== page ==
Parties to fork out R200 000 to participate in 2019 national elections

To participate in this year’s national election, parties will have to pay R200 000. They will also have to pay R45 000 for every province in which they wish to compete.

The Electoral Commission of South Africa (IEC) announced in a statement on Friday that it had approved election deposits for the 2019 national and provincial elections.

The deposit amounts for this year’s elections are the same as in the 2014 national and provincial elections.

“The retention of the same deposits since 2014 means a significant reduction in the amount in real terms,” reads the commission’s statement. The commission’s final determination of the deposits followed the publication of the proposed amounts for public comment in October 2018.

A total of 14 submissions were received from political parties and other stakeholders, ranging between calls for an increase in the deposit amounts, retaining the proposed amounts and a decrease or scrapping of deposits.

In making a determination of the final deposit amounts, the commission considered all the submissions along with local and international practice.

“The practice of prescribing election deposits has been part of our electoral democratic reality in South Africa since 1994.”

In setting the amount, the commission sought to strike a judicious balance between an amount so high that it unfairly impairs the ability of potential electoral contestants and an amount so low that it fails to dissuade frivolous parties and results in a long, unwieldy and cluttered ballot paper.

In 2004 the amounts set were R150 000 for national elections and R30 000 for provincial elections. This was increased to R180 000 and R34 000 in 2009 and raised again to R200 000 and R45 000 in 2014.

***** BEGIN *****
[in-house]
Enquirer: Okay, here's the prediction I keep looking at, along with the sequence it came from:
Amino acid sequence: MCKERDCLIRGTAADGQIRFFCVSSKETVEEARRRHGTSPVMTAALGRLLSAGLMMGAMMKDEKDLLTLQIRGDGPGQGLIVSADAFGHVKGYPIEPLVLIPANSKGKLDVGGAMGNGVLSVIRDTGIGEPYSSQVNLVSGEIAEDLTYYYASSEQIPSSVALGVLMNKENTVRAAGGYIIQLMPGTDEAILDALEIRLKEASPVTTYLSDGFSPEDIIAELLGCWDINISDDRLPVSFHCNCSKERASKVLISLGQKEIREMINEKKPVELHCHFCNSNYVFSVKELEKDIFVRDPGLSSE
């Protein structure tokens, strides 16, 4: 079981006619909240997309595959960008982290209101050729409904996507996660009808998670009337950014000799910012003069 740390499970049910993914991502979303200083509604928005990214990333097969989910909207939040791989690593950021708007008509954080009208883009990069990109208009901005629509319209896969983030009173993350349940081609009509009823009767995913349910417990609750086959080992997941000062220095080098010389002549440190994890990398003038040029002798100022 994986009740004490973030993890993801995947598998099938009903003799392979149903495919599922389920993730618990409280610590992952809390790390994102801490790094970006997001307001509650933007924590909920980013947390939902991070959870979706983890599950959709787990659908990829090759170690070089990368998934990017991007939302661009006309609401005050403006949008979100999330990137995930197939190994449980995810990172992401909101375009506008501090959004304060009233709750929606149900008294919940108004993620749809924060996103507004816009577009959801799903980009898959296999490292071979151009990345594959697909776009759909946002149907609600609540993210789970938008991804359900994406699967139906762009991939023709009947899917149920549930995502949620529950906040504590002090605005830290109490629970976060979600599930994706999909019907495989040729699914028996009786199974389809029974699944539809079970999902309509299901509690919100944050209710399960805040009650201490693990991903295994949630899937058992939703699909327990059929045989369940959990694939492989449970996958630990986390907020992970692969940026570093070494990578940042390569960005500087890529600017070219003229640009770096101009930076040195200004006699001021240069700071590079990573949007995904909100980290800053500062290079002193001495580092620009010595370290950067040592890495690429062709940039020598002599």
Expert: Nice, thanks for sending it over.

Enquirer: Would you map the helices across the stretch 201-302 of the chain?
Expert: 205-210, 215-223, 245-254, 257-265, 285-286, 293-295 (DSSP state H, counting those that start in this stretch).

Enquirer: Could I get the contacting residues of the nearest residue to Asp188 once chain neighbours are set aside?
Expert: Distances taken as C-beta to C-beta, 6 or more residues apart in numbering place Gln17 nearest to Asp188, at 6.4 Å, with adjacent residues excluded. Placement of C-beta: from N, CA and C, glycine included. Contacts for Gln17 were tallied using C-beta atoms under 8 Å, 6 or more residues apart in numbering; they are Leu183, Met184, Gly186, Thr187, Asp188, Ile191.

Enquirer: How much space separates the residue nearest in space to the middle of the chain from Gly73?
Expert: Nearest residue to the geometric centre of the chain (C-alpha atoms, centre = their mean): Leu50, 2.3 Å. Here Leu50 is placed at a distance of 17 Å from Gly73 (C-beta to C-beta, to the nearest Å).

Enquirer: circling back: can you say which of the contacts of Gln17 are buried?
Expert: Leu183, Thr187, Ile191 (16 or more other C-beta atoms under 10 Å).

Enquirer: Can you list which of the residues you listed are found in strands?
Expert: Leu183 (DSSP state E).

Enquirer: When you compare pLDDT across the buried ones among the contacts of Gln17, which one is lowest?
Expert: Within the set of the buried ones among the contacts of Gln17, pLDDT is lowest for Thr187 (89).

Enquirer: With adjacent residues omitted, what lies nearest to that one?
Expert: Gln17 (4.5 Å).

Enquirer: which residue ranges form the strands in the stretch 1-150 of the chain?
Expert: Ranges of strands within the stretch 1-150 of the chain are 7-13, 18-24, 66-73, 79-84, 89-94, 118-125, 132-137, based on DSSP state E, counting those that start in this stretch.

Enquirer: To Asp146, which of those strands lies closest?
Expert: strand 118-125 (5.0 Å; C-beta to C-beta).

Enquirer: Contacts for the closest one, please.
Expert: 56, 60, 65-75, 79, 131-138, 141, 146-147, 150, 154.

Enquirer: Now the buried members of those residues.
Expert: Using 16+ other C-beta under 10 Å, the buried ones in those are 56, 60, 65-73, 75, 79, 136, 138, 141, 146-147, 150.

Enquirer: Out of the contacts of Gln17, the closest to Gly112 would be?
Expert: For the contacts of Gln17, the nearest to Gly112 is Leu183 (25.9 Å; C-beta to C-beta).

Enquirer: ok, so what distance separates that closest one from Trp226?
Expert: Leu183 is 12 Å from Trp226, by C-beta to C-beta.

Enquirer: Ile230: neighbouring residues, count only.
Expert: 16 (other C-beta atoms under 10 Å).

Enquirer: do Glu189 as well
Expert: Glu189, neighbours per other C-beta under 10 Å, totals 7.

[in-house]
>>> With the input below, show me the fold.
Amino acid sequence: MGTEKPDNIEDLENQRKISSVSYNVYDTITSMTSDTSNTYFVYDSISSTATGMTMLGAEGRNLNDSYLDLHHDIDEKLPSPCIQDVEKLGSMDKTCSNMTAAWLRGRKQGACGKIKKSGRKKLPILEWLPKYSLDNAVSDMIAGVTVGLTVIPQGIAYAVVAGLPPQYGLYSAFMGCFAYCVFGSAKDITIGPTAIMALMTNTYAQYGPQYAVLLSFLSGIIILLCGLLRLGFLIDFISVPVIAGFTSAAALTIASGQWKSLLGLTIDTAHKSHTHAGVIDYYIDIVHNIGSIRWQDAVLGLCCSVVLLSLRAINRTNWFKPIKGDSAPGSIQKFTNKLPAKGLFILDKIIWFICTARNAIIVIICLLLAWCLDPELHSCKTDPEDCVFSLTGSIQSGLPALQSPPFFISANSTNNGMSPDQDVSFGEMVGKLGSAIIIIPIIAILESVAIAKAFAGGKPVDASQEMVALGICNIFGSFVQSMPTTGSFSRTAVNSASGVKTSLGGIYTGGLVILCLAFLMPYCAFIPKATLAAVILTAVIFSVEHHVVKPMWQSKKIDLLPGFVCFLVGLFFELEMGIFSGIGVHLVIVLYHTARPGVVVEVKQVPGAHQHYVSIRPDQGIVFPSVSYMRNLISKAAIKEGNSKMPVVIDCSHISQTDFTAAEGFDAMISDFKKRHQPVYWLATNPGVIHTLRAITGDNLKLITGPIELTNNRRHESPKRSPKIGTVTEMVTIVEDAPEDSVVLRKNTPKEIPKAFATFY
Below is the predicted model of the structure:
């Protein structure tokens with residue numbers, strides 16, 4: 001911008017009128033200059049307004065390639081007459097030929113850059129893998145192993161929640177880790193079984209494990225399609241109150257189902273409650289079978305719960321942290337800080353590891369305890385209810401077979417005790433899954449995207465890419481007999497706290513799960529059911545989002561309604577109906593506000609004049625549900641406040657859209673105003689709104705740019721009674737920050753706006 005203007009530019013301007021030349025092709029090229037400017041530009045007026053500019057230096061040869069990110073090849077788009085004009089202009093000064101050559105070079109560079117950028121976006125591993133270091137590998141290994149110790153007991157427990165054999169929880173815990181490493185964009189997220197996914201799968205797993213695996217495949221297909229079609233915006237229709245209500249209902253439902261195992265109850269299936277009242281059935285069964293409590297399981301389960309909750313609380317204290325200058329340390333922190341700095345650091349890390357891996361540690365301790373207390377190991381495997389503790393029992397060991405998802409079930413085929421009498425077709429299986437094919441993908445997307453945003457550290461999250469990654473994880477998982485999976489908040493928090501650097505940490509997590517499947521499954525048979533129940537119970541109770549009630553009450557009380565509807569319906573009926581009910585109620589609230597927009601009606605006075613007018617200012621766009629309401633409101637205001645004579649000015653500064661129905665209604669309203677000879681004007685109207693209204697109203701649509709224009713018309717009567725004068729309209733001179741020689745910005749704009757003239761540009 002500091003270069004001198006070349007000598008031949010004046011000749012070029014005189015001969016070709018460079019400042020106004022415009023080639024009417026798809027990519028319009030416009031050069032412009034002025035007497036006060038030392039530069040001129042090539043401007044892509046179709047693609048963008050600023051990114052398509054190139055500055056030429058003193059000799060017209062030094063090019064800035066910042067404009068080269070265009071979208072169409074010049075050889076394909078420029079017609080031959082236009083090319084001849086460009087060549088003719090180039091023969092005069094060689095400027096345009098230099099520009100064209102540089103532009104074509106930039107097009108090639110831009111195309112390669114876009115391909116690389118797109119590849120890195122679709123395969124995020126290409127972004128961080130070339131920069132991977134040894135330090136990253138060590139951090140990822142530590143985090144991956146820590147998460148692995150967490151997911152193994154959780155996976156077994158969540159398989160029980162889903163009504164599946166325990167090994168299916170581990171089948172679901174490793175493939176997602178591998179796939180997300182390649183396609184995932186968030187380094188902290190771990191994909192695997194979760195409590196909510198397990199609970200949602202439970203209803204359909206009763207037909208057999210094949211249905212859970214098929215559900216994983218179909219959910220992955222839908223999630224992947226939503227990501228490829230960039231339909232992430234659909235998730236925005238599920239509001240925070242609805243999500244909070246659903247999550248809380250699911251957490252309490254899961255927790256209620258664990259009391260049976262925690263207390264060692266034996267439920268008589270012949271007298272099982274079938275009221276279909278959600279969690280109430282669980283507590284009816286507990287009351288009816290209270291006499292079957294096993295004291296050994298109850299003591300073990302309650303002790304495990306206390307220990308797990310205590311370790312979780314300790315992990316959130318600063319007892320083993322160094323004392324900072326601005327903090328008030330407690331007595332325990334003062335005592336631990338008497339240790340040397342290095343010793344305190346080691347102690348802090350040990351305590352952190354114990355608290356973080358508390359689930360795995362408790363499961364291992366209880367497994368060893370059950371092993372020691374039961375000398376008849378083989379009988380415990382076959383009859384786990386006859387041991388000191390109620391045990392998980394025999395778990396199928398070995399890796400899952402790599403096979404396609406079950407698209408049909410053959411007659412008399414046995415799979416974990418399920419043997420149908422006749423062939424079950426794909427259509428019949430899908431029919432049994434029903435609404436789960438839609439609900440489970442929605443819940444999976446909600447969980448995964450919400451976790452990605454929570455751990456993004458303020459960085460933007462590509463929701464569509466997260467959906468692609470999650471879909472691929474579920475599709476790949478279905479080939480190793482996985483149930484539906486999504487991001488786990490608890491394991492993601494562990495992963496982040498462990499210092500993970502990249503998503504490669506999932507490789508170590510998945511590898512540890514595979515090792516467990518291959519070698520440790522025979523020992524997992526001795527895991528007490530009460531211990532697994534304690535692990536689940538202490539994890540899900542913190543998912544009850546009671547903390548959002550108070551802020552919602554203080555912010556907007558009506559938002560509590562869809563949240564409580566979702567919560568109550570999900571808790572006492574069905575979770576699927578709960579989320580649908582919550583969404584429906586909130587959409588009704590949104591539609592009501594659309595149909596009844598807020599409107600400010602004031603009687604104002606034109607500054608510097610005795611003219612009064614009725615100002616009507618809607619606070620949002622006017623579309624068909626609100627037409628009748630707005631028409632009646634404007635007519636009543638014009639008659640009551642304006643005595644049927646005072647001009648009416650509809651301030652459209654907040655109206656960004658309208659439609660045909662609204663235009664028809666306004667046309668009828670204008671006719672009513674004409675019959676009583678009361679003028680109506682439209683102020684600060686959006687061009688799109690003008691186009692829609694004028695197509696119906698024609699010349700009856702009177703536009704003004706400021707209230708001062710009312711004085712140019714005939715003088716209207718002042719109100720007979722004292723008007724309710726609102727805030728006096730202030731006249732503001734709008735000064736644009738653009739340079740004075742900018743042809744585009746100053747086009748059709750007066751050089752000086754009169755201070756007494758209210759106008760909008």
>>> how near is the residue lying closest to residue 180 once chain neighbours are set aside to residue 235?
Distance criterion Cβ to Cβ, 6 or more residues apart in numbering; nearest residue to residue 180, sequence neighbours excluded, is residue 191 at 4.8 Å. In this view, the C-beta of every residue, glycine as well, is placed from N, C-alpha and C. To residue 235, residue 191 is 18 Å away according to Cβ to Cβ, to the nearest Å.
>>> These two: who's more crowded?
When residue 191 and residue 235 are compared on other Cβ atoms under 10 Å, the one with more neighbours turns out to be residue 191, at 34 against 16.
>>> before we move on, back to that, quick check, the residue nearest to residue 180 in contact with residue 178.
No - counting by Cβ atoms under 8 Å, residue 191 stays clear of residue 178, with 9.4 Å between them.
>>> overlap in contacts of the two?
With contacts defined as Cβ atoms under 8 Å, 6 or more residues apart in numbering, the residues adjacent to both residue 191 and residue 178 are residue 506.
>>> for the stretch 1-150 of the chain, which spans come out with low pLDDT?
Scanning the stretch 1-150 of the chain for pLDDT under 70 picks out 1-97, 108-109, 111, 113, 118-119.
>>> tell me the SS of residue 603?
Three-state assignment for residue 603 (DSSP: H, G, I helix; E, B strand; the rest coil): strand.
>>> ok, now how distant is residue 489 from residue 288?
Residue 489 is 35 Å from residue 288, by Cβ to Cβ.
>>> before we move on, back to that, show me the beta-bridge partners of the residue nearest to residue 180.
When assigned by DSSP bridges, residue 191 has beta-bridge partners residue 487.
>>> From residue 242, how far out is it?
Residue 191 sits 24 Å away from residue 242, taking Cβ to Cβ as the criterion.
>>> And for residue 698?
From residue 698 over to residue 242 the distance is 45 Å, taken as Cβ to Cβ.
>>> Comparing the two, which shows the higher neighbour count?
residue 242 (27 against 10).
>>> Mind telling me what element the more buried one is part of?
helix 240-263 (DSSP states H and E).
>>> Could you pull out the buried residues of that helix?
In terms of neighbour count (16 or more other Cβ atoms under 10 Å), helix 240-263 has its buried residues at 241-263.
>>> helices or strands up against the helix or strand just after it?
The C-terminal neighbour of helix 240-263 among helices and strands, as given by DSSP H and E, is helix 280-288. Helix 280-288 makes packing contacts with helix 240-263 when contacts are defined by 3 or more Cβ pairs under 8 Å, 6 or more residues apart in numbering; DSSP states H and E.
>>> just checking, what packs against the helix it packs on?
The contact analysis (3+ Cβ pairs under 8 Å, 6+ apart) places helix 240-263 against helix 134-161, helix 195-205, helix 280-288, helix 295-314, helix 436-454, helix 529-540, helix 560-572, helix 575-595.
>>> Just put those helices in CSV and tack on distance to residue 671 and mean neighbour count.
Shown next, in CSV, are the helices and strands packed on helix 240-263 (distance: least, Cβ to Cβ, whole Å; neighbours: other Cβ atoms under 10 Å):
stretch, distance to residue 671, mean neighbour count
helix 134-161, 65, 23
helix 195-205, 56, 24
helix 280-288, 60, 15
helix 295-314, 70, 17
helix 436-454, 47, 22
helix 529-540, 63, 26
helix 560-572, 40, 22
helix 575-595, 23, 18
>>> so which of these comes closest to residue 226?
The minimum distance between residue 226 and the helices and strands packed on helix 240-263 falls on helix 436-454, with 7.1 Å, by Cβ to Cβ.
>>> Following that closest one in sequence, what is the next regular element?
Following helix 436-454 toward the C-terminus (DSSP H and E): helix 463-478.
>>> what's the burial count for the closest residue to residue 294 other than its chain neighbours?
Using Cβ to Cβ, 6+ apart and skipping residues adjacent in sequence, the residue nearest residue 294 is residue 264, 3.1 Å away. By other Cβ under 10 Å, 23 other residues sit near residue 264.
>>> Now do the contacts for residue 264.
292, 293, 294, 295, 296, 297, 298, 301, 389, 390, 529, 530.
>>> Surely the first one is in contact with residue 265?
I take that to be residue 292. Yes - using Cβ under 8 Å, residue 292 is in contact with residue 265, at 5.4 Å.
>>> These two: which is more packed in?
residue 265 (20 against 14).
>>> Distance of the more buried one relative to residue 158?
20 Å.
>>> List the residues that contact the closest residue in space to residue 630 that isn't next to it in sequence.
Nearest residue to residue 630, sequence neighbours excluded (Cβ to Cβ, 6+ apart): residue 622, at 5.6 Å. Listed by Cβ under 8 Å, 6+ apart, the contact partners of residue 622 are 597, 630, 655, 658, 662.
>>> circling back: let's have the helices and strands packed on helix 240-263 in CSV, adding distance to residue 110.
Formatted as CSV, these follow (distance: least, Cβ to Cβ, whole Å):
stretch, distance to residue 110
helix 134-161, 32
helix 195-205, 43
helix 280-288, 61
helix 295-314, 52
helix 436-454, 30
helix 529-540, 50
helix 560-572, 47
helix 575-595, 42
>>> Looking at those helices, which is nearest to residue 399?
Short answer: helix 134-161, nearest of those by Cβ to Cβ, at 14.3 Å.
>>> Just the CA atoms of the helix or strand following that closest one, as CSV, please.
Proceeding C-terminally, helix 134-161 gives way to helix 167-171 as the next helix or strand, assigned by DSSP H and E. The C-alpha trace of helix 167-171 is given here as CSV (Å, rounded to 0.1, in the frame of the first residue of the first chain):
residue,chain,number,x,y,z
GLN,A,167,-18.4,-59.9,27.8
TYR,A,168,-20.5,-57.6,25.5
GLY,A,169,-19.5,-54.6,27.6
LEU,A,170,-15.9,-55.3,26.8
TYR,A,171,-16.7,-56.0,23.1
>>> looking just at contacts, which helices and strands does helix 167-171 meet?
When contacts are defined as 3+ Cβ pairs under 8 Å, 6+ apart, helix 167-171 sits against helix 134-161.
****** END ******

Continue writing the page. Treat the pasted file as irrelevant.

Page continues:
Despite the increases in the deposit amounts, the number of parties contesting national and provincial elections has steadily risen over the past 20 years while the number of parties which have won seats in the National Assembly has remained relatively constant. Since the 1999 elections 13 parties have been represented in every National Assembly, except after the 2004 elections, when 12 parties were represented. 

Parties which fail to secure a seat in the National Assembly or provincial legislature forfeit their deposit to the National Revenue Fund.

The number of votes required to secure a seat in both the national and provincial legislatures depends on the turnout of the elections. In 2014 parties required 45 892 votes to be guaranteed a seat in the National Assembly and between 13 627 votes, as in the Northern Cape, and 59 219 votes, as in Gauteng, for a provincial seat.

Currently, 285 political parties are registered for national elections with the electoral commission and a further 36 applications are currently under consideration. Not all have paid however.

In order to contest the elections, political parties must be registered with the electoral commission, submit a list of candidates within the specified period on the election timetable and pay the relevant deposit within the specified period on the election timetable.

While there is no deadline for party registration for participation in an election, as with voter registration it is continuous, political parties which have not yet submitted a registration application to the IEC are unlikely to meet all the requirements for registration in time to contest this year’s elections. — News24

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Jan Gerber
Jan Gerber
Journalist & photographer. Parliamentary reporter for News24

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